The ideal diet is one comprised of natural and organic foods and ingredients. Unfortunately, our society relies heavily on quick and processed foods to sustain our dietary needs within a busy lifestyle.
When it comes to consuming processed foods, understanding the ingredients and label contents is important in order to make healthier choices.
In recent years, the term “hydrogenated fat” has been thrown around as a taboo ingredient that should be avoided at all costs. It holds no nutritional value and is used mainly to extend the shelf life of products.
The following technical explanation takes a scientific look at this over-used ingredient and how it is made and processed:
All fats are made up of triglycerides. A triglyceride is a chemical unit composed of the combination of one unit of glyceride with three units of fatty acids. A typical fat or oil will be a physical mixture of many different types of triglycerides.
Hydrogenated Fats and Oils
Hydrogenated fats are oils that have been processed through a chemical hardening method to achieve increased plasticity (stiffness) of the liquid oils at room temperature.
Partial hydrogenation (brush hydrogenation) hardens oils but does not make them fully solid.
Full hydrogenation requires complete conversion of a liquid oil into a solid fat at room temperature (72 F). A fully hydrogenated oil has natural saturated fats left intact and all the remaining mono- and polyunsaturated fatty acids become converted from their fluid configuration to a full trans fat rigid configuration.
The hydrogenation process employs:
- High heat
- A metal catalyst such as nickel, zinc, copper, or other reactive metals
- Hydrogen gas.
The metals are used to react with the hydrogen gas which is bubbled up through the mixture. The metals catalyze the hydrogen and carbon atoms and converts the fatty acids by flipping one of the attached hydrogen molecules and rotating it half the diameter of the carbon chain.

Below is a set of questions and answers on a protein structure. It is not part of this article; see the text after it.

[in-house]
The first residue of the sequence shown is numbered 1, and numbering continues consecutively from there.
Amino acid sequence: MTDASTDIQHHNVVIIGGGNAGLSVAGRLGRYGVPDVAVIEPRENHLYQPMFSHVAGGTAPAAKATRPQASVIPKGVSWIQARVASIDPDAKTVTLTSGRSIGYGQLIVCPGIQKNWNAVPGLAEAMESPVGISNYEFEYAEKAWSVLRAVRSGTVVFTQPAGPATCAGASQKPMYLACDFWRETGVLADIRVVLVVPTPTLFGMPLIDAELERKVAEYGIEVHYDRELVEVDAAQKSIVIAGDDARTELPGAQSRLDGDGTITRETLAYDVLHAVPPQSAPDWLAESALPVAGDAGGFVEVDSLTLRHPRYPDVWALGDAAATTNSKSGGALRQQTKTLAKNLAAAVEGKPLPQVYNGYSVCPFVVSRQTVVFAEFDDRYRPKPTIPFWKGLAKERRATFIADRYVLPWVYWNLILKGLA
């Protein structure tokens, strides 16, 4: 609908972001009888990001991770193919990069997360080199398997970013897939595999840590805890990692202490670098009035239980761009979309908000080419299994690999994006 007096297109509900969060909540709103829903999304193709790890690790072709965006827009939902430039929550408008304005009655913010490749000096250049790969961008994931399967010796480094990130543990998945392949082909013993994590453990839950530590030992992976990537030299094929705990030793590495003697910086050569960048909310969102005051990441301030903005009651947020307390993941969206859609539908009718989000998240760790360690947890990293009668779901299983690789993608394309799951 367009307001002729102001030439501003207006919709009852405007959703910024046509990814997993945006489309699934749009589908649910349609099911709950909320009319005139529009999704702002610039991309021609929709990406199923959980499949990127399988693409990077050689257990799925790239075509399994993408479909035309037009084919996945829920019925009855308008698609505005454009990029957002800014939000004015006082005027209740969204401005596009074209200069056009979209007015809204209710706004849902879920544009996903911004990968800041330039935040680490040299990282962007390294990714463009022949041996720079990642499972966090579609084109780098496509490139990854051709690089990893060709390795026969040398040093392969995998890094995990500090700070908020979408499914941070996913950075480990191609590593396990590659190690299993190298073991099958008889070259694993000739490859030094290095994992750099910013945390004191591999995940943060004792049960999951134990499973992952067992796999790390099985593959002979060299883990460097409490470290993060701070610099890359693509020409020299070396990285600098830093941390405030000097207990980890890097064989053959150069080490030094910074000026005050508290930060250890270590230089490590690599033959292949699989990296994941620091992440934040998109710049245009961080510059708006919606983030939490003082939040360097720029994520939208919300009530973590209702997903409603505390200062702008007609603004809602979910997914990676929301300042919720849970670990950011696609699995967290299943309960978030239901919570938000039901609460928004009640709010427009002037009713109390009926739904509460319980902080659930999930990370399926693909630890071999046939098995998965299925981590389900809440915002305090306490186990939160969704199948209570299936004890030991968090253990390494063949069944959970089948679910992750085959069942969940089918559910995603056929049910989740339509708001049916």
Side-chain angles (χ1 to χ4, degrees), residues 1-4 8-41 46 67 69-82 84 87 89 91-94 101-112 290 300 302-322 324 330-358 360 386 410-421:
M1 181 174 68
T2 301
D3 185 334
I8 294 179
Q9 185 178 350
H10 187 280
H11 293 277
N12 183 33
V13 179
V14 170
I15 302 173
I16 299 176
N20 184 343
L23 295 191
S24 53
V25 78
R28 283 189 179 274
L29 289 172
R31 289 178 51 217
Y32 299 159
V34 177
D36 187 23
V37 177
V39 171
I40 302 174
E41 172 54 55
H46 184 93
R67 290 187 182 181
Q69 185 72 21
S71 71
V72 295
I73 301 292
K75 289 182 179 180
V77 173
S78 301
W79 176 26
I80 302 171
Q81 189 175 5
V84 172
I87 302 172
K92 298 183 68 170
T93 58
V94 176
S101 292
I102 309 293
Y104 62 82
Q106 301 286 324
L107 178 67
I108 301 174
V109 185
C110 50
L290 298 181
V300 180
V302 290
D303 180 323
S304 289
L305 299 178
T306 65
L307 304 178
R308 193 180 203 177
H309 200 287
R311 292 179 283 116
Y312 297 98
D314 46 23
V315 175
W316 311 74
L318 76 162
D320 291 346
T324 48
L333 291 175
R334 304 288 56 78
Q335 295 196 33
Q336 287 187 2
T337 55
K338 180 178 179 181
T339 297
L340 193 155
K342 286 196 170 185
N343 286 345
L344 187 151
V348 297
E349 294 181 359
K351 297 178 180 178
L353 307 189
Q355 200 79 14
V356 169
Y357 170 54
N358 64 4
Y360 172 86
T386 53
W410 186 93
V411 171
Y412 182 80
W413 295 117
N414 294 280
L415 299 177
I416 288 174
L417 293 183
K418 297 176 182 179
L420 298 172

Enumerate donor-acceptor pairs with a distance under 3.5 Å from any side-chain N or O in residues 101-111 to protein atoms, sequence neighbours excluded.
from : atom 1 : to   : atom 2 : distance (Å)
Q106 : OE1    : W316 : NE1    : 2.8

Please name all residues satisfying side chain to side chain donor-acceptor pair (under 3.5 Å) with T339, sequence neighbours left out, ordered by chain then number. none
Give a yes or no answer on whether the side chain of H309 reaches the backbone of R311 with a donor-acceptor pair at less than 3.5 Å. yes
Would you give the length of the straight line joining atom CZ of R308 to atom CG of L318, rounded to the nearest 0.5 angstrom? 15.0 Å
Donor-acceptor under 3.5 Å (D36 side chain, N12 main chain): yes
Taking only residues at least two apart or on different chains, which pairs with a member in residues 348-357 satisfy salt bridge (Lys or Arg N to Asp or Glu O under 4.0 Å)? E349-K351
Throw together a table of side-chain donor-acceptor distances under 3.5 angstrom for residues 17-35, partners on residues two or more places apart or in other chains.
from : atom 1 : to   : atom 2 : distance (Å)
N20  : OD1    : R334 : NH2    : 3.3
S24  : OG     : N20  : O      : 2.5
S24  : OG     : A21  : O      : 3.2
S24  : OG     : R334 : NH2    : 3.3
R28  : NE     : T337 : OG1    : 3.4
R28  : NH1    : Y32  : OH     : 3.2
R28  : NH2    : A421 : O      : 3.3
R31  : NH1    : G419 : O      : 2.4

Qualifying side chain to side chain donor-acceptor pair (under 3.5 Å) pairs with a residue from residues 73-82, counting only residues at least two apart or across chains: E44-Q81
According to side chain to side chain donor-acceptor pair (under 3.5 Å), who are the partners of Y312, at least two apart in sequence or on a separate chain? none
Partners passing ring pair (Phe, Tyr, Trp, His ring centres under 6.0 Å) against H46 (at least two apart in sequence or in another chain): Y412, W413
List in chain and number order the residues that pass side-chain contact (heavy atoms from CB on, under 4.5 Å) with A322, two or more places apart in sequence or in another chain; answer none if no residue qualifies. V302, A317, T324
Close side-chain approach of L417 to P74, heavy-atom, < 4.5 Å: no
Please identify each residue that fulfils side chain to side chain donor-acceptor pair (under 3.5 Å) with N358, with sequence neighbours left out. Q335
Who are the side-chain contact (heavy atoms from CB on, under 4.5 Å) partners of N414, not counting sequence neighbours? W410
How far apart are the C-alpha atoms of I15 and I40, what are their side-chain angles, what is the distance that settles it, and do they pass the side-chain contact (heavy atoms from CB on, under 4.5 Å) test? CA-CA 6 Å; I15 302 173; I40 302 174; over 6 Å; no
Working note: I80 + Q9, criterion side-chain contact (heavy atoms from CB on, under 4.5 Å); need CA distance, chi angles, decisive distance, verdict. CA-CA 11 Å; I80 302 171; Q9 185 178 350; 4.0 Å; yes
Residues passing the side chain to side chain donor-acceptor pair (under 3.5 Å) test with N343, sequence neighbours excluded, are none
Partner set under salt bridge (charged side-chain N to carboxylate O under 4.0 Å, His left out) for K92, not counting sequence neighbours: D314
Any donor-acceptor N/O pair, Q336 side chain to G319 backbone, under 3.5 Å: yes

This effectively creates a new molecular shape resulting in a stiffer or more rigid material, hence the change from a liquid to a semi-solid or solid substance. This new shape stiffens with the hydrogenation process making the oil behave more like a saturated fat (such as coconut fat which is 92% saturation and solid at room temperature).
Trans fats are the result of this reaction.
Partial hydrogenation, or “brush hydrogenation” is a minimal conversion step which only offers a small degree of reaction by hydrogenation. Brush hydrogenation increases stability for volatile fatty acids like the omega 3 (alpha-linolenic) and omega 6 (linoleic) polyunsaturated oils. Most commercial salad dressing oils, such as soybean oil, have been brush hydrogenated.
Hydrogenation raises the melting point of the fat and retards rancidity. But as recent health studies have found other problems can ensue when consuming large amounts of trans fats from hydrogenated products.
Trans Fatty Acid
Trans fatty acids are synthetic saturated fats. They are generally man-made, however they can form naturally in cow’s milk with up to 14% butter fat, and can also occur in vegetable fats (through hydrogenation). The hydrogen molecules attached at the center of the fatty acid carbon chain flips 180 degrees, which straightens the natural curve or kink in the typical cis-configured fat.
When converted, the cis-shape chemically alters to a trans configuration and hence is called a trans fat. Most margarine and vegetable shortening have been trans fat converted through full or partial hydrogenation process. Trans fats interfere with metabolic absorption efficiencies and tend to congregate at adipose tissue sites. They are difficult to excrete from the body and are a low quality energy source.
The above was excerpted and reprinted with permission from Spectrum Naturals, Inc. 1-707-778-8900